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Former Nuclear Negotiator Was A Spy, Says Iranian Ministry

Hossein Mousavian
Hossein Mousavian
Former Iranian nuclear negotiator Hossein Mousavian, who is currently a visiting fellow at Princeton's Woodrow Wilson School of Public and International Affairs, is in the news again after being accused of espionage -- again.

Mousavian was briefly jailed in Iran in 2007 and charged with espionage. He was later cleared of the charges against him by the judiciary, which declared him innocent "in the spy case and possession of classified documents."

Three years later, the Iranian Intelligence Ministry has again accused him of espionage.

The timing of the accusation against Mousavian has raised questions and led to speculation that it could be linked to the ongoing political infighting within the Iranian establishment. His arrest in 2007 was also seen as part of a factional dispute. Mousavian is said to be close to President Mahmud Ahmadinejad's rival, former President Ali Akbar Hashemi Rafsanjani.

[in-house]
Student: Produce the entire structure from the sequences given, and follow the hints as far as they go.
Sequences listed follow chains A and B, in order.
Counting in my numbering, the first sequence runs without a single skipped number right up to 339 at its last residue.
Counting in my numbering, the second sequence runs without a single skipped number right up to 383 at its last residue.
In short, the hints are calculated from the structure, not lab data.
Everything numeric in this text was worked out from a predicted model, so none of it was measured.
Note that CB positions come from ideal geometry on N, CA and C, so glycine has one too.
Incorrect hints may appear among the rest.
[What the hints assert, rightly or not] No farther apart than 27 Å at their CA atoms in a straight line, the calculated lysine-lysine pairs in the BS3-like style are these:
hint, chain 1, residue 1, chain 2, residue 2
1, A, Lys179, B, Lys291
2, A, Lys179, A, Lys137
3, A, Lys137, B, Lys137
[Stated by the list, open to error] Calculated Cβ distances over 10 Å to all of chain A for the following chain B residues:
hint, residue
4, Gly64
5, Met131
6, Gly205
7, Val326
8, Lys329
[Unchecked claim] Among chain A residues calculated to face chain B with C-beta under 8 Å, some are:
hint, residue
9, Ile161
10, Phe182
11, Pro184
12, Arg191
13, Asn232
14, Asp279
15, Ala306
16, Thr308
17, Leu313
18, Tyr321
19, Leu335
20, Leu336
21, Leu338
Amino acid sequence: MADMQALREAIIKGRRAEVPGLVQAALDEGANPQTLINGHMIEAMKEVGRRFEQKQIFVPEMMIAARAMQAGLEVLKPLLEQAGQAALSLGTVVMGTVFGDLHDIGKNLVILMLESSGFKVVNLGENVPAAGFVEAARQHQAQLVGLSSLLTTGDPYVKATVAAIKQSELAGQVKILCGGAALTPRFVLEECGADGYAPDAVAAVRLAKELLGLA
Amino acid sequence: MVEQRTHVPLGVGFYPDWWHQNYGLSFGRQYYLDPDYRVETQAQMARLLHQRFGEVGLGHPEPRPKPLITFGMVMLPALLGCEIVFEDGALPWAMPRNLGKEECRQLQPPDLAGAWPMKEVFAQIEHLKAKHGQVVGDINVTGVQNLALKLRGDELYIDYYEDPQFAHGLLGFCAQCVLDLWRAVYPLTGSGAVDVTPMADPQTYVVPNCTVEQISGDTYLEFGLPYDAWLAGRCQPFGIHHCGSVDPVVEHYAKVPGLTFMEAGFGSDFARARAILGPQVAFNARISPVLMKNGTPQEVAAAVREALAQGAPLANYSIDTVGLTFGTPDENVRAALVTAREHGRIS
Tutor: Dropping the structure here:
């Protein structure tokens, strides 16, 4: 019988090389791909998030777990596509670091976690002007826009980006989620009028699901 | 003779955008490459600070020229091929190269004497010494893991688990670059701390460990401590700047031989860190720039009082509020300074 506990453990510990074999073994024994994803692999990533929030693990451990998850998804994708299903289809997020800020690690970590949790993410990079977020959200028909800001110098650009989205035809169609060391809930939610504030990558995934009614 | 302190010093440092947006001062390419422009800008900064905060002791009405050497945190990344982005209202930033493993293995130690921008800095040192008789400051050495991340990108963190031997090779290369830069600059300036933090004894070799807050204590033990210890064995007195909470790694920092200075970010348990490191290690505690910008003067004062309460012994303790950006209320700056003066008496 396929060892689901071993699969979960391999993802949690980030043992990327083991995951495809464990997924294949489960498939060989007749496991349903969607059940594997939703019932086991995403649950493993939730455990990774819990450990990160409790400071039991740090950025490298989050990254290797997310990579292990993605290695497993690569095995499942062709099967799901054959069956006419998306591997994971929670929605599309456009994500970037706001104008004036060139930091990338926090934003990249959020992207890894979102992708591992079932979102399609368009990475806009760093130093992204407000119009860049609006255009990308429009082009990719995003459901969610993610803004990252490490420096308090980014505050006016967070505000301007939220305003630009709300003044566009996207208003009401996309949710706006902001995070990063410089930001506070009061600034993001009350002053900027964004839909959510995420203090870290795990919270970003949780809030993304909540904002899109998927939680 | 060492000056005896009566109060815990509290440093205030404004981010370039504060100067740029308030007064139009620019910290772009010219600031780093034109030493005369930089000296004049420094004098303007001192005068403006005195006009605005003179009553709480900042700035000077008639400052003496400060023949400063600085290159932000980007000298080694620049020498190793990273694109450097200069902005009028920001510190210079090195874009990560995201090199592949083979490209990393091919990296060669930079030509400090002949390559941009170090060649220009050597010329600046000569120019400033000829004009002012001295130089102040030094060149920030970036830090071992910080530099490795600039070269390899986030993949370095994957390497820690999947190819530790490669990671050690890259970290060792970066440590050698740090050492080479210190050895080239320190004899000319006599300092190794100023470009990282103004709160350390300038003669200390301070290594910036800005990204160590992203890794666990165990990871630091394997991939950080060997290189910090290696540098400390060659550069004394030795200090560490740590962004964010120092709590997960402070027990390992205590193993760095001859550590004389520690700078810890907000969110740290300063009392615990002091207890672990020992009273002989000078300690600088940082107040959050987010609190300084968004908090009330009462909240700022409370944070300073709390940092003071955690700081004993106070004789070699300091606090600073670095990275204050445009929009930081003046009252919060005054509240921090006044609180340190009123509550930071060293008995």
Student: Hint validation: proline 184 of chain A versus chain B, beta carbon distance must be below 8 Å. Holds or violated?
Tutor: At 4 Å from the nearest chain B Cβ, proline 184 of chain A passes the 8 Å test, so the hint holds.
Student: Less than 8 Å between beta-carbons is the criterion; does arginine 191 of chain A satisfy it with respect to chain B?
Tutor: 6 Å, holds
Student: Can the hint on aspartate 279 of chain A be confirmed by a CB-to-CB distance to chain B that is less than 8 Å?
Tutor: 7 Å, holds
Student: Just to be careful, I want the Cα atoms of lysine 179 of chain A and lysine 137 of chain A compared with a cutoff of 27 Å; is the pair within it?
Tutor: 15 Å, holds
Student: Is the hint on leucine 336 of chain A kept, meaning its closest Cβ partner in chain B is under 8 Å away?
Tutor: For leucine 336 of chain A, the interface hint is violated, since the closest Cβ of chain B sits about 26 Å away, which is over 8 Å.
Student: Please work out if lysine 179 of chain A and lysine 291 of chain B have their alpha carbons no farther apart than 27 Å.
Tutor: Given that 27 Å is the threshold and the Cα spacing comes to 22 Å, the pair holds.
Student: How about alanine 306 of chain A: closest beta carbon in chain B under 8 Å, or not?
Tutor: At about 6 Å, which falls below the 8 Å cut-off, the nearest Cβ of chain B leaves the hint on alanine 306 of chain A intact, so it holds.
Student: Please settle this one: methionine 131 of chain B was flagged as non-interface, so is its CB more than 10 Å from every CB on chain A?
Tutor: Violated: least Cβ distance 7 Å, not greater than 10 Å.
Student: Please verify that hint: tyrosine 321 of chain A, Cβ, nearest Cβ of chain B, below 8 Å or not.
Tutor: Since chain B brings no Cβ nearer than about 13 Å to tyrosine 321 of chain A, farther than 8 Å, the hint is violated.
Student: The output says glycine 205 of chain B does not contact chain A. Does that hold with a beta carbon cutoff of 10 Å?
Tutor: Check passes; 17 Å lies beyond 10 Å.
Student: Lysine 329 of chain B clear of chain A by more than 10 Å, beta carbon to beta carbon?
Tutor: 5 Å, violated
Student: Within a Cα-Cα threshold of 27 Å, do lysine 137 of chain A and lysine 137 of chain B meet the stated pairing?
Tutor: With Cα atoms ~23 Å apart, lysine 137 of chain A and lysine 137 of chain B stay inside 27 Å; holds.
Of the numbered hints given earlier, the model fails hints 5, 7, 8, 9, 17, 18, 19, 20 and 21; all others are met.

In an August 22 statement, the Intelligence Ministry said Mousavian was "clearly" found guilty of having conducted espionage activities while a member of Iran's nuclear negotiating team under former President Mohammad Khatami. The ministry issued the statement in reaction to comments by the head of Iran's Atomic Energy Organization, Ali Akbar Salehi, who had said a few days earlier that as far as he knew there was no spy in the negotiating team of Iran's reformist government.

The statement said that the Intelligence Ministry "firmly declares that keeping in mind the final verdict issued by Bench 15 of the Revolutionary Court, according to Article 505 of the Islamic Penal Code, Hossein Mousavian has been found guilty for collecting highly classified information under the cover of a system official and delivering them to others (nonqualified people and aliens), and sentenced to two years behind bars and a five-year ban from activities at diplomatic offices, or service at country's other international organs. Therefore, he is clearly found guilty of having conducted espionage activities."